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Strategic responses to intimate partner violence against women in Spain: a national study in primary care
  1. Isabel Montero1,2,
  2. Isabel Ruiz-Pérez2,3,
  3. Vicenta Escribà-Agüir2,4,
  4. Carmen Vives-Cases2,5,
  5. Juncal Plazaola-Castaño2,3,
  6. Marta Talavera1,
  7. David Martín-Baena2,
  8. Rosana Peiró2,4
  1. 1University of Valencia, Valencia, Spain
  2. 2Epidemiology and Public Health Network Biomedical Research Consortium (CIBERESP), Spain
  3. 3Andalusian School of Public Health, Granada, Spain
  4. 4Public Health Research Centre, Valencia, Spain
  5. 5University of Alicante, Alicante, Spain
  1. Correspondence to Isabel Montero, University of Valencia, Psychiatric Unit, Avda Blasco Ibañez 15, 46010 Valencia, Spain; isabel.montero{at}


Background Research on women''s responses to intimate partner violence (IPV) has largely been limited to women who have been exposed to severe physical violence with scarce generalisation. This study aimed to analyse how Spanish abused women from different backgrounds and with different IPV characteristics respond to violence.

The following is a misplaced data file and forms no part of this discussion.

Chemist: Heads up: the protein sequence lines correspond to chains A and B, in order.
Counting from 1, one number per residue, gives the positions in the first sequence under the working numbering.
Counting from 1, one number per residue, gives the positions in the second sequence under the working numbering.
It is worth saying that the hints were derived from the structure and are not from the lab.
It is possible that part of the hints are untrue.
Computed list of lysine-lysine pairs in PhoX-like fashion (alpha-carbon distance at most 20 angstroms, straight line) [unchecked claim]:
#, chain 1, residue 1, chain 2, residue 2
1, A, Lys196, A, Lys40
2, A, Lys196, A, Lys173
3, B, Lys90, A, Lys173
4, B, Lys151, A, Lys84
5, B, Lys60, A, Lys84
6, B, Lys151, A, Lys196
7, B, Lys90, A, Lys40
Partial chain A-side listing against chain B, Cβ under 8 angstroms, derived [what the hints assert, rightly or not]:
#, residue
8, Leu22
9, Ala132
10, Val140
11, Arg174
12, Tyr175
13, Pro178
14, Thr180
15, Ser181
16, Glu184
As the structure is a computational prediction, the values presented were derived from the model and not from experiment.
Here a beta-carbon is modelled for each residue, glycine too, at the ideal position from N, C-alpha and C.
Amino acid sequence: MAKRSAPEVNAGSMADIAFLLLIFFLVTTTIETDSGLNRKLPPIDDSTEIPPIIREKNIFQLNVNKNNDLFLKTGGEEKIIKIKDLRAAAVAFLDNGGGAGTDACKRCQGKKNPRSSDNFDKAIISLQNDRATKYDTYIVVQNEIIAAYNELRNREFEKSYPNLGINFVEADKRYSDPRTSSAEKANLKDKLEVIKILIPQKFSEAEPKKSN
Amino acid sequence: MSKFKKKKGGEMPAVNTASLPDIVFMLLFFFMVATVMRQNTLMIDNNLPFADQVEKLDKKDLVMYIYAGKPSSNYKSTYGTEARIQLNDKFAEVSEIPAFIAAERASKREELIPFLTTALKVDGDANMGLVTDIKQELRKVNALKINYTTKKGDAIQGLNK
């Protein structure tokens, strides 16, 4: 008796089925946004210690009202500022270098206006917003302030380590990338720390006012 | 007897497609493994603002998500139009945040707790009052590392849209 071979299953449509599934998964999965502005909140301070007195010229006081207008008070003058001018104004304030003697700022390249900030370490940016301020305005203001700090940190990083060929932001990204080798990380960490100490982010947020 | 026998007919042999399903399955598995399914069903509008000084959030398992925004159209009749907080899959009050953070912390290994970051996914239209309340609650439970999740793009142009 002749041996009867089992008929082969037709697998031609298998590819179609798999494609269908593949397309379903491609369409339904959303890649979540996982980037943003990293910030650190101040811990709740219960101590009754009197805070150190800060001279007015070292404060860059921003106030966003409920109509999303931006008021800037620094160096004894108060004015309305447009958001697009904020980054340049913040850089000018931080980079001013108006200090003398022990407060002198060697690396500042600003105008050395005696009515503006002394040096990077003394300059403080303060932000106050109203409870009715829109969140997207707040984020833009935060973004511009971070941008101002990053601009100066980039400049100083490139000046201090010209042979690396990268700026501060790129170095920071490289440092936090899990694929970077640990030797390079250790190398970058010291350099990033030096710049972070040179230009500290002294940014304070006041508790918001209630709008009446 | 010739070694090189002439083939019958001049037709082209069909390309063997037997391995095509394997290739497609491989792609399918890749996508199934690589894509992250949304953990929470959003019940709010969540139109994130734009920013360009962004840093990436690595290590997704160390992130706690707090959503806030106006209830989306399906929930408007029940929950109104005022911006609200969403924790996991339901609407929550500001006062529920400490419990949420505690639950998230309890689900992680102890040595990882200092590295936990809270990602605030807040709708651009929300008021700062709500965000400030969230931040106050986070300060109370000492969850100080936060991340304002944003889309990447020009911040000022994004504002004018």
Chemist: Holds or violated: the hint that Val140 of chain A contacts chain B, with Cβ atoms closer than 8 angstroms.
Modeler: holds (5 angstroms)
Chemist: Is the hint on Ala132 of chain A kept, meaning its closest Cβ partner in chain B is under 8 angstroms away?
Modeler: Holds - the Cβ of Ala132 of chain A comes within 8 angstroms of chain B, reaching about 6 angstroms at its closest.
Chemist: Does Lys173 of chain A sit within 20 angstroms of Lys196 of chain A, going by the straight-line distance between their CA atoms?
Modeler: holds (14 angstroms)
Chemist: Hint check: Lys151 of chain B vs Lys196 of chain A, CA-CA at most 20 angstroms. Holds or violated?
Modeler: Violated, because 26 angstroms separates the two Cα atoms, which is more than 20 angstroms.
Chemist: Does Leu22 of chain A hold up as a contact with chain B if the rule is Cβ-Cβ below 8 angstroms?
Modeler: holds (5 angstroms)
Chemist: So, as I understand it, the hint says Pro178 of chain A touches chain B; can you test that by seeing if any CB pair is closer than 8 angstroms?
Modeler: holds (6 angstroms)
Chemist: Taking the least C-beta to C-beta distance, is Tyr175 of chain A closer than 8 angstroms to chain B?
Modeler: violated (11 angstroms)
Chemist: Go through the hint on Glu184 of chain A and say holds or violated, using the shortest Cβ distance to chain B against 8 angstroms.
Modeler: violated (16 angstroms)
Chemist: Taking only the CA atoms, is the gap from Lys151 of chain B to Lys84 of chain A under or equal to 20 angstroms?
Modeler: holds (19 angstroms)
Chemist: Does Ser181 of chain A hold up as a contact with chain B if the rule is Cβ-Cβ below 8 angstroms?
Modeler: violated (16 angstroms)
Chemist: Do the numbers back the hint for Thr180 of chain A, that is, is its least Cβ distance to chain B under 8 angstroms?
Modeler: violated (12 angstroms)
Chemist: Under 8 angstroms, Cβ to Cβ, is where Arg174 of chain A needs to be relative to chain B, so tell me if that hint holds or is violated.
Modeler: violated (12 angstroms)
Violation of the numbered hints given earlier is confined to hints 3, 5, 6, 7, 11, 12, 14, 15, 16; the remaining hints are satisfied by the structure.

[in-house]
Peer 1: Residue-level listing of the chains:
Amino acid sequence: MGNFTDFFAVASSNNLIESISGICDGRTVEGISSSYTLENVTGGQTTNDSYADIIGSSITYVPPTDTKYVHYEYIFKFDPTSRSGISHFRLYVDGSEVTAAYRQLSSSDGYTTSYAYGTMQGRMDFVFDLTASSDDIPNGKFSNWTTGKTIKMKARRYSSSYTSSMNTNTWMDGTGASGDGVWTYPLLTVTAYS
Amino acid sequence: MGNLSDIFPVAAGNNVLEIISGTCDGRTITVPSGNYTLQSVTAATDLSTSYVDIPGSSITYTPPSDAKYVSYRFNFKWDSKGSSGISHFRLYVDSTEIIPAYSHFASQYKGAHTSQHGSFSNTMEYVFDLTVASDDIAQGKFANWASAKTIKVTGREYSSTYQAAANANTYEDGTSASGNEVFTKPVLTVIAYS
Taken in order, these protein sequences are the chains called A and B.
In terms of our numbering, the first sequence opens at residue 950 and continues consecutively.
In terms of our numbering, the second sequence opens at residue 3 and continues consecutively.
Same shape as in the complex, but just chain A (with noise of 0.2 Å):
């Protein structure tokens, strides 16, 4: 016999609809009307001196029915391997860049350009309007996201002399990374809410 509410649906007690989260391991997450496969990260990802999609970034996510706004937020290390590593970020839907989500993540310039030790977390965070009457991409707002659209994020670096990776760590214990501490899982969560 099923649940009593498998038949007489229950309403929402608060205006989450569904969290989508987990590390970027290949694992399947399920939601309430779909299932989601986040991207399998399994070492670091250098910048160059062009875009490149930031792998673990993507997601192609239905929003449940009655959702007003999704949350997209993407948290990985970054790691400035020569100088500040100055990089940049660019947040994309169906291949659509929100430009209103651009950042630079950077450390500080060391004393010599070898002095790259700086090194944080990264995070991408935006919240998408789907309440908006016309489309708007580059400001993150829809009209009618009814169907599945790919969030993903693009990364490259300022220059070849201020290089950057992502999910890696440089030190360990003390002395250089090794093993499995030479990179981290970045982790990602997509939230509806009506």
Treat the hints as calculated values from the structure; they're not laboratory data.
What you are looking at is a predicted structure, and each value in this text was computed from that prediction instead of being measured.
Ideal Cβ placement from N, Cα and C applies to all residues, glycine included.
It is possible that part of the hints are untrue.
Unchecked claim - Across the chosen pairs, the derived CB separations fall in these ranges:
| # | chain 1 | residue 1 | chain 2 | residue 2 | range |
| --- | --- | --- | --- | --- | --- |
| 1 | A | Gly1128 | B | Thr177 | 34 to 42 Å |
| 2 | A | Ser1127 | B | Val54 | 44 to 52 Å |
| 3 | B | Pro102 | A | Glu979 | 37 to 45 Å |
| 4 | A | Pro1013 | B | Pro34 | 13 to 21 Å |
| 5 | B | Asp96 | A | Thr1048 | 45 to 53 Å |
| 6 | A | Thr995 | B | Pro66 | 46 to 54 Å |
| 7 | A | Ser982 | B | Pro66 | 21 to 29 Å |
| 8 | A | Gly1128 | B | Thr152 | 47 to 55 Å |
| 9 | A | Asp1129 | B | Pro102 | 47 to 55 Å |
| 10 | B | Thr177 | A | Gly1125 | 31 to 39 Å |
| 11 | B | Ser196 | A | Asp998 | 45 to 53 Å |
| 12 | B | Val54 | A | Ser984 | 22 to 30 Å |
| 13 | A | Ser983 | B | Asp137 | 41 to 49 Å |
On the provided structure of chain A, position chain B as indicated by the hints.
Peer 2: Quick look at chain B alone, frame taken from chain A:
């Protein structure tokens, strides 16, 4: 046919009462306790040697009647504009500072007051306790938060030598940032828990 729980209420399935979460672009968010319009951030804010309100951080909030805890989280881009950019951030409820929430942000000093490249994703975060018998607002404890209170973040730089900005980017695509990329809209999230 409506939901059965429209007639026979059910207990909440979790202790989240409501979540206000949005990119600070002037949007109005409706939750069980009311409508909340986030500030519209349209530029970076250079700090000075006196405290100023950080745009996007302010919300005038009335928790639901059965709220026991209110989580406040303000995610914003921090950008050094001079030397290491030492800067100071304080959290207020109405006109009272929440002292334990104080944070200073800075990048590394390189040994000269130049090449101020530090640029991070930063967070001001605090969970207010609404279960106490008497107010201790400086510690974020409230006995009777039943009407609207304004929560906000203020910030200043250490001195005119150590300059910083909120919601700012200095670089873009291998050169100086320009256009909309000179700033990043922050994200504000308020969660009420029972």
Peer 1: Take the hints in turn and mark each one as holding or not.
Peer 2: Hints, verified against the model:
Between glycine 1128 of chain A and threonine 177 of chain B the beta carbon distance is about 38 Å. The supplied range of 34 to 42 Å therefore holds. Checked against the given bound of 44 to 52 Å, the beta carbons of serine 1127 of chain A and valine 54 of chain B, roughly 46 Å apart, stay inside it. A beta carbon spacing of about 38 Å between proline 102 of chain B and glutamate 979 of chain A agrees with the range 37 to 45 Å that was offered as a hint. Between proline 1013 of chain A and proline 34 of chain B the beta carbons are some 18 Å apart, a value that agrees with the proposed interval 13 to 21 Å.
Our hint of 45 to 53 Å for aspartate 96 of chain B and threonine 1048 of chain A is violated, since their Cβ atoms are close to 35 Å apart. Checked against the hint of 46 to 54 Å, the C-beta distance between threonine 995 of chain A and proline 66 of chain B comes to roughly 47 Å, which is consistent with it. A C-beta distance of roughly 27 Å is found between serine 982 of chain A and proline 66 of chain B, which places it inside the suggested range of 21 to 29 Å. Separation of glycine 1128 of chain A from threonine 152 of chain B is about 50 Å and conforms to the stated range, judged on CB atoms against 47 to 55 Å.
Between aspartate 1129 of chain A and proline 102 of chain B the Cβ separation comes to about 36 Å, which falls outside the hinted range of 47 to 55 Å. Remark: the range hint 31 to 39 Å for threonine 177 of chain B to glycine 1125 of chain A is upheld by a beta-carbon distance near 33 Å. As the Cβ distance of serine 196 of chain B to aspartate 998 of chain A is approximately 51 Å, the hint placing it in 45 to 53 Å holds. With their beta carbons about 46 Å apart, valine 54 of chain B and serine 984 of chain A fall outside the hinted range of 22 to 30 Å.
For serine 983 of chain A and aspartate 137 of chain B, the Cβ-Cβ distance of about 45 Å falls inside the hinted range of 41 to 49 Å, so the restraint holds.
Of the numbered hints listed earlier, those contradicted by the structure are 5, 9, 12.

Method Women experiencing IPV before the previous year (1469) were selected from a large cross-sectional national survey of adult women recruited during 2006–7 among female patients seeking medical care for whatever reason in primary healthcare services. The outcome variables were women's responses to IPV and the predictor variables were personal and social resources profiles and characteristics of the abuse (type, duration and women's age at onset). Stepwise logistic regression models were fitted.

Results 87.5% of abused women took some kind of action to overcome IPV. Significant differences on personal and social profile and type and duration of the abuse were detected between the three strategic responses: distancing, in process and inhibition. The probability of a woman responding with a distancing strategy (seeking outside help or leaving temporarily) is almost three times greater if she is employed, was young when the abuse began, had experienced physical and psychological abuse and when the abuse was under 5 years.

Conclusions The results of this study show that personal and social resources and the specific circumstances of the abuse should be taken into account to understand women's responses to IPV. Well-validated interventions targeted at abused women's needs and the circumstances of IPV remain a priority.

  • Domestic violence
  • mental health DI
  • service provision
  • Spain
  • spouse abuse
  • violence RB
  • women CG

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  • Funding This study was partly supported with funding from the Health Institute Carlos III (1/06-36) (Ministry of Health, Spain) and Feder Funds (CTS-177).

  • Competing interests None.

  • Patient consent Obtained.

  • Ethics approval This study was approved by the ethics committee of the University of Valencia.

  • Provenance and peer review Not commissioned; externally peer reviewed.